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Ulster has a non-White population of about 0.1% at the moment. Let's wait until Belfast resembles Tower Hamlets or Bradford and we'll see how much they embrace multiracialism...

Learn from others and we will enjoy racial diversity

What can we in Northern Ireland gain from Great Britain's debate about multiculturalism, asks Owen Polley

Tuesday, 22 February 2011

Race and politics are always a potentially explosive mix. When Enoch Powell delivered his Rivers of Blood speech in the 1960s, he quickly became the most polarising public figure in Britain.

No one would compare David Cameron's recent remarks about multiculturalism to Powell's incendiary rhetoric, but they ranged across similar divisive terrain.

At a security conference in Munich, the Prime Minister argued that
"state multiculturalism" in Britain has failed. The speech came under instant attack from critics who said that its timing was insensitive (his engagement coincided with a rally in Luton by the English Defence League - a rabble-rousing, anti-Islamist movement).

To add to the controversy, BNP leader Nick Griffin waded in to describe Cameron's comments as a "huge leap" forward. That's exactly the type of
backing which the Prime Minister could do without.

It also serves as a reminder that a hardcore of extremists is ready to exploit and pervert any debate around race, culture and integration.

Recently, the BNP registered to contest elections in Northern Ireland. In this part of the UK, we're only beginning to experience genuine racial diversity, but the party hopes to exploit any tensions which immigration might create.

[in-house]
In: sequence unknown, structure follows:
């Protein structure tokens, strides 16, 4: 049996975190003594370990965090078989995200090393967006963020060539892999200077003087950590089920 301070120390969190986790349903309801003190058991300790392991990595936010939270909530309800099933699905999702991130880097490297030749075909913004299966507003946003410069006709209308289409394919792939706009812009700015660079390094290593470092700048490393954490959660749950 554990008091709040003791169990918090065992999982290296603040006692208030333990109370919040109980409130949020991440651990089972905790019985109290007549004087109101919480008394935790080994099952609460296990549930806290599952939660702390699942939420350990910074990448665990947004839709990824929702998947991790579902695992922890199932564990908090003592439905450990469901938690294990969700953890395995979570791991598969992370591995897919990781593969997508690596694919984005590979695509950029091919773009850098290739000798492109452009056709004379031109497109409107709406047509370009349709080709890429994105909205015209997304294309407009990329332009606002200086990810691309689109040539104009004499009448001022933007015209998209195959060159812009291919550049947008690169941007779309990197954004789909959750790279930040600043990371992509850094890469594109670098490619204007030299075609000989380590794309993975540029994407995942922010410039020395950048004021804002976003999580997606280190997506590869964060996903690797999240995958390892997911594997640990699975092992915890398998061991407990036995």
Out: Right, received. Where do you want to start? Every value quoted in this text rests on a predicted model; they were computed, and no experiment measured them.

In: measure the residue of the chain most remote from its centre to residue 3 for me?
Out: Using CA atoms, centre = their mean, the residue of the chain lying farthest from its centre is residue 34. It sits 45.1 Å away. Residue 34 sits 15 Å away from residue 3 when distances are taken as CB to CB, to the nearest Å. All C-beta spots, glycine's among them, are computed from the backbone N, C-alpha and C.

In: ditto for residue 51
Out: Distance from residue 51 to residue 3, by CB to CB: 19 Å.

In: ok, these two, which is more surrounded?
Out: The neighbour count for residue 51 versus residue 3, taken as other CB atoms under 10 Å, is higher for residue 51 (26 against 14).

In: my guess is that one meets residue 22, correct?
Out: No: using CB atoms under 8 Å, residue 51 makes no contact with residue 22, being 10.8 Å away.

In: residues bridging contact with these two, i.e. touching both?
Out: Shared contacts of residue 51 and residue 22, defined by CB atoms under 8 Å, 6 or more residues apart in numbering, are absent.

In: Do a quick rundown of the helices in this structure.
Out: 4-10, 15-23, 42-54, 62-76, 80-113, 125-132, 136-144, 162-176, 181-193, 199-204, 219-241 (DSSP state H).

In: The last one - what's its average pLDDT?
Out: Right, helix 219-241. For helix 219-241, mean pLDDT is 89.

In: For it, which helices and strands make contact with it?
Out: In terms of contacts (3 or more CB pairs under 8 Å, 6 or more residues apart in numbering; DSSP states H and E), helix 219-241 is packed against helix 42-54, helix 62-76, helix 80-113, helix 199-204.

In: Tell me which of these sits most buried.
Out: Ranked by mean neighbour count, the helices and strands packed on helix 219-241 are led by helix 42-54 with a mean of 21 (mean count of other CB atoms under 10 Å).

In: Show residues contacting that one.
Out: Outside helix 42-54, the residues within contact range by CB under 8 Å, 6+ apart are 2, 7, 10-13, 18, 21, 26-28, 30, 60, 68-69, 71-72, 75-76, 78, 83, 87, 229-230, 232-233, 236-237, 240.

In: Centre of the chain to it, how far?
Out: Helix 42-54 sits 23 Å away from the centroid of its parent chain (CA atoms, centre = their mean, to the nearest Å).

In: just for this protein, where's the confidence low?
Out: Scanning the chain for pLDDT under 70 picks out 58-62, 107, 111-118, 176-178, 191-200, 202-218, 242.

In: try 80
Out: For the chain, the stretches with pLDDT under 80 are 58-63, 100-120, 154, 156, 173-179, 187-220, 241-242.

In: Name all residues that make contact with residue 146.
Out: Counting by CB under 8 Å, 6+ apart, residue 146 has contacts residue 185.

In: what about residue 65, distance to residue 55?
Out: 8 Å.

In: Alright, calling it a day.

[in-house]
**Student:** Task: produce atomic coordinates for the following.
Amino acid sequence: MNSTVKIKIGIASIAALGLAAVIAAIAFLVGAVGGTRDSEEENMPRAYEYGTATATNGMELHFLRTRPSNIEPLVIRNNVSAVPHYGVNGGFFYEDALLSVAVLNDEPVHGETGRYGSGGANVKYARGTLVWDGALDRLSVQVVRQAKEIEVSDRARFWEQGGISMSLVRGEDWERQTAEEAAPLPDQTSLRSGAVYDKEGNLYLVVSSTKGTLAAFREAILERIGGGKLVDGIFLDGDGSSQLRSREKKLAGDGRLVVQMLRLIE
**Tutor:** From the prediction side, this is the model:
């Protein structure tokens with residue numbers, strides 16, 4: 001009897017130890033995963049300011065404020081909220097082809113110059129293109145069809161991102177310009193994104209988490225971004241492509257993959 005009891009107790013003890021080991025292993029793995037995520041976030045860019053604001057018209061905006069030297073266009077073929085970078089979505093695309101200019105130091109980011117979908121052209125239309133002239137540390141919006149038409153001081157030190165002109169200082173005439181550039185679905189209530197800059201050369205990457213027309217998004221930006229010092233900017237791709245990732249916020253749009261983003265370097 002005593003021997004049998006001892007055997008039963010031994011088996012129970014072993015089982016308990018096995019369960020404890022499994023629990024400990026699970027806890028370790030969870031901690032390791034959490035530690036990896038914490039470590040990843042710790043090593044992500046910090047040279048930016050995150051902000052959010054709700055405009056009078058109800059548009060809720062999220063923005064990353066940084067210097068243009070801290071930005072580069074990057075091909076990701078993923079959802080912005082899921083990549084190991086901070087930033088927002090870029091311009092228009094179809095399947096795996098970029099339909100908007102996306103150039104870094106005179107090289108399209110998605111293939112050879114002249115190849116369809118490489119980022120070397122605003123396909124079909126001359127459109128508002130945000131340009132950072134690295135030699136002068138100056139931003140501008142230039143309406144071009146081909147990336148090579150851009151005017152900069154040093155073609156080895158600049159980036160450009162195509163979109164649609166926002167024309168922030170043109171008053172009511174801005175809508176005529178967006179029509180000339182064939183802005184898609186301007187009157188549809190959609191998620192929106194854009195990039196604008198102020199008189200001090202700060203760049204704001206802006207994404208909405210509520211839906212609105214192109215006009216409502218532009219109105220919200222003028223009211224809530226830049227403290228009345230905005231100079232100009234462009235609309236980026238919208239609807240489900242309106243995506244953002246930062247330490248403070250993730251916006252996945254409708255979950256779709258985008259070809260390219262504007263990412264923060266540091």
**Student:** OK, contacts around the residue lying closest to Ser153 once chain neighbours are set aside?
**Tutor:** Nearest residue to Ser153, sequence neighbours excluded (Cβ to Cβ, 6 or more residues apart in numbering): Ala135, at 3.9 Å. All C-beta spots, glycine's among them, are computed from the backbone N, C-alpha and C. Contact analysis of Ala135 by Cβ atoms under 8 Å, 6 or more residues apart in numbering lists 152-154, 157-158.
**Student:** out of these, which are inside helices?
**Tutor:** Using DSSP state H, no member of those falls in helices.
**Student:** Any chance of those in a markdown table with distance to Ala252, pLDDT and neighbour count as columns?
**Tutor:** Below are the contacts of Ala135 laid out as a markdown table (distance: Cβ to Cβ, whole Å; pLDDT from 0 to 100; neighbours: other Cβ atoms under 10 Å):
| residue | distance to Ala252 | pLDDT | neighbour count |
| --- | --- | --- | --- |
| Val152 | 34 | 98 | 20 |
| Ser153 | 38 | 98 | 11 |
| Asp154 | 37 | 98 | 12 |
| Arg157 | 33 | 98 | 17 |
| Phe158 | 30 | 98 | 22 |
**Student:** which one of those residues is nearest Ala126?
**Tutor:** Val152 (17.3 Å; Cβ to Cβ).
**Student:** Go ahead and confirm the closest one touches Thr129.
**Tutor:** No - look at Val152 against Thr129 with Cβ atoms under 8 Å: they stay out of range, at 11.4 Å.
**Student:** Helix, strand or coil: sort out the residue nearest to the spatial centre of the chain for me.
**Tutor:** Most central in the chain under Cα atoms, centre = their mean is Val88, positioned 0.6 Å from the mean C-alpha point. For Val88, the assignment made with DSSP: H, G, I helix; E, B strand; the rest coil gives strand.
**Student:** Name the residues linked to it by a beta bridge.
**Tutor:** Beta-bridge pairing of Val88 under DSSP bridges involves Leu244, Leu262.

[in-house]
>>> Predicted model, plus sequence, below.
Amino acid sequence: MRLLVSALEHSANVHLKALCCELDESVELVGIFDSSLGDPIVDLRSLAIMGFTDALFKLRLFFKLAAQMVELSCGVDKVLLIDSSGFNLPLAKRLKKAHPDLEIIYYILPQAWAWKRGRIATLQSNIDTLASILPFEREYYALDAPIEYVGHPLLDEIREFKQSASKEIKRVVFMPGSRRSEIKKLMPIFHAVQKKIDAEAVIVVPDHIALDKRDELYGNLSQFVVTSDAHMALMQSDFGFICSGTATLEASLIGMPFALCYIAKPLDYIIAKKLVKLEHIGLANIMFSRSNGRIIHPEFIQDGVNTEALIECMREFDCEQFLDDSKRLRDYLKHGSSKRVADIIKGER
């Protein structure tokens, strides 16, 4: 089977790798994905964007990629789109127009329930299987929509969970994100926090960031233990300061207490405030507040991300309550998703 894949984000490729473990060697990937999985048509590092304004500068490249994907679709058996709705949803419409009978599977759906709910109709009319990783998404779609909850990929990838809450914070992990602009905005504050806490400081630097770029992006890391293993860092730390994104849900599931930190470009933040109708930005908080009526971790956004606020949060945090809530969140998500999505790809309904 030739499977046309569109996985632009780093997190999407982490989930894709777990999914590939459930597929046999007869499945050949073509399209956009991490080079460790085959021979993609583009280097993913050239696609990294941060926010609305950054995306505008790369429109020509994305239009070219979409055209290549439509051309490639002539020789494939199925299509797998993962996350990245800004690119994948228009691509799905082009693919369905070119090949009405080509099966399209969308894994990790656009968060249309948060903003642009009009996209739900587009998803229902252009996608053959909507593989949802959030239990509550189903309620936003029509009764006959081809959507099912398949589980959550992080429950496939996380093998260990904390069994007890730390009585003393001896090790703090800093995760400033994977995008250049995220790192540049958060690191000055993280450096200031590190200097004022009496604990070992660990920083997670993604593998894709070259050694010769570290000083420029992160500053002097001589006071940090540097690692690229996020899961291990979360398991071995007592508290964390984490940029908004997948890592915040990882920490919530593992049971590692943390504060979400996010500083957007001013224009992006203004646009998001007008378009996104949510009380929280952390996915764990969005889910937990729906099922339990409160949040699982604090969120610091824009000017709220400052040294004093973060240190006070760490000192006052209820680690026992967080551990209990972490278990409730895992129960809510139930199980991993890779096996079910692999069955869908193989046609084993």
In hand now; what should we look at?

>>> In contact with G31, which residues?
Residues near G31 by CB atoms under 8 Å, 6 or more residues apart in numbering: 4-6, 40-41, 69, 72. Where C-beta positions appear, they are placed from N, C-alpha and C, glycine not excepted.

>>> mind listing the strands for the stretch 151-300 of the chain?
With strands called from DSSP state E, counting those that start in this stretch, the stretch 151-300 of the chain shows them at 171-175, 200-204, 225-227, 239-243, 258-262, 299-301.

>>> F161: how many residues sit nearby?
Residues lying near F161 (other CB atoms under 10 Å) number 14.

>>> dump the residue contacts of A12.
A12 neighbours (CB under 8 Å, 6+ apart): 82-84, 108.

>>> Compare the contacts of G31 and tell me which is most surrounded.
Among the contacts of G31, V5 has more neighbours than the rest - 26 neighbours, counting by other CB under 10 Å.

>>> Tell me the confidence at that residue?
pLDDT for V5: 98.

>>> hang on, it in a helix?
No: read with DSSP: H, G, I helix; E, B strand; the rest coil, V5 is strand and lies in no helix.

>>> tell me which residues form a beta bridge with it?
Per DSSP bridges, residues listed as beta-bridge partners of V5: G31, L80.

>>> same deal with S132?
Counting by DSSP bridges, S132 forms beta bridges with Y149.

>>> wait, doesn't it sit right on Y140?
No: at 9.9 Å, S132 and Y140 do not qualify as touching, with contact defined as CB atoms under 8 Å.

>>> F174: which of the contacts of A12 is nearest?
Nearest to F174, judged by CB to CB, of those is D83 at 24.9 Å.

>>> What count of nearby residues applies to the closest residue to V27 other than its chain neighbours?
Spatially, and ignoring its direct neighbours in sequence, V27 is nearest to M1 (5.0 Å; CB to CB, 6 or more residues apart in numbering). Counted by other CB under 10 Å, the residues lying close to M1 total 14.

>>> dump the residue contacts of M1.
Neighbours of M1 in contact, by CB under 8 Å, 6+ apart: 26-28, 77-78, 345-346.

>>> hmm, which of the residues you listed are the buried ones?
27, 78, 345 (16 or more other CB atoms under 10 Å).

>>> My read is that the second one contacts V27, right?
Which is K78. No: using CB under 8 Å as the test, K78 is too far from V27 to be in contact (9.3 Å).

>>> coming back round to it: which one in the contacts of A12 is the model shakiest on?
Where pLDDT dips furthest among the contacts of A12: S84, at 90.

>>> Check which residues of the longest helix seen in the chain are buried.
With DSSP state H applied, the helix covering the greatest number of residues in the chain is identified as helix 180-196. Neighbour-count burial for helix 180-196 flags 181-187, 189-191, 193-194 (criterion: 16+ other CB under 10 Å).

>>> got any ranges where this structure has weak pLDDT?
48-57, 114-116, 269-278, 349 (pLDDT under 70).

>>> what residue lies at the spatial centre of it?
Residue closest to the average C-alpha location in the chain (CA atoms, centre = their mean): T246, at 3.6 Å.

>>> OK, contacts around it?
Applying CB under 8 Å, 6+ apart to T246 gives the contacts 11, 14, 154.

Unlike Griffin, when Cameron criticises multiculturalism, he's not attacking the existence of multiracial societies within the UK. The Prime Minister objects to a tendency of governments to treat people as members of groups, defined by race, religion or ethnicity.

He argues that this approach actually prevents some communities in Britain from integrating properly and contributes to home-grown Islamic
terrorism. The previous government poured more than £90m into radical Islamist organisations via a Preventing Violent Extremism initiative.

It theorised that a group which shares a lot of radical ideology with a potential terrorist is best placed to dissuade him or her from committing violent acts.

It all sounds uncomfortably familiar from a Northern Ireland perspective. Our entire political system is, after all, based on the premise of two separate communities, competing for resources, services and jobs. Segregation and replication are already the norm and we're too familiar with arguments over funding dubious groups.

When OFMDFM released the Executive's so-called Cohesion, Sharing and Integration programme, it was quickly ripped apart by campaigners for a shared future, who say it will actually further entrench division. That's disappointing, at a time when the UK government is revisiting its approach to integration.

In Northern Ireland, we're late-starters on the politics of race. That could actually be an advantage. There's an opportunity to learn from experiences elsewhere.

If we get it right, we can enjoy the cultural richness diversity brings, while also making newer arrivals feel integrated and at home.

To date, we've had few high-profile racist incidents in Northern Ireland. Only the attacks on Roma during the summer of 2009 were serious enough to command attention outside the province.

There's no indication that casual racism, or occasional outbursts of violence, are set to harden into a mood for far-right politics any time soon.

If the BNP decides to field council candidates in Northern Ireland, it's likely to get short shrift.

For the time being, we're far more preoccupied with traditional prejudices. But as society becomes more diverse, there is a risk that it will become even more segregated.

The Executive's failure to combat existing home-grown divisions hardly inspires confidence that it will know how to respond.

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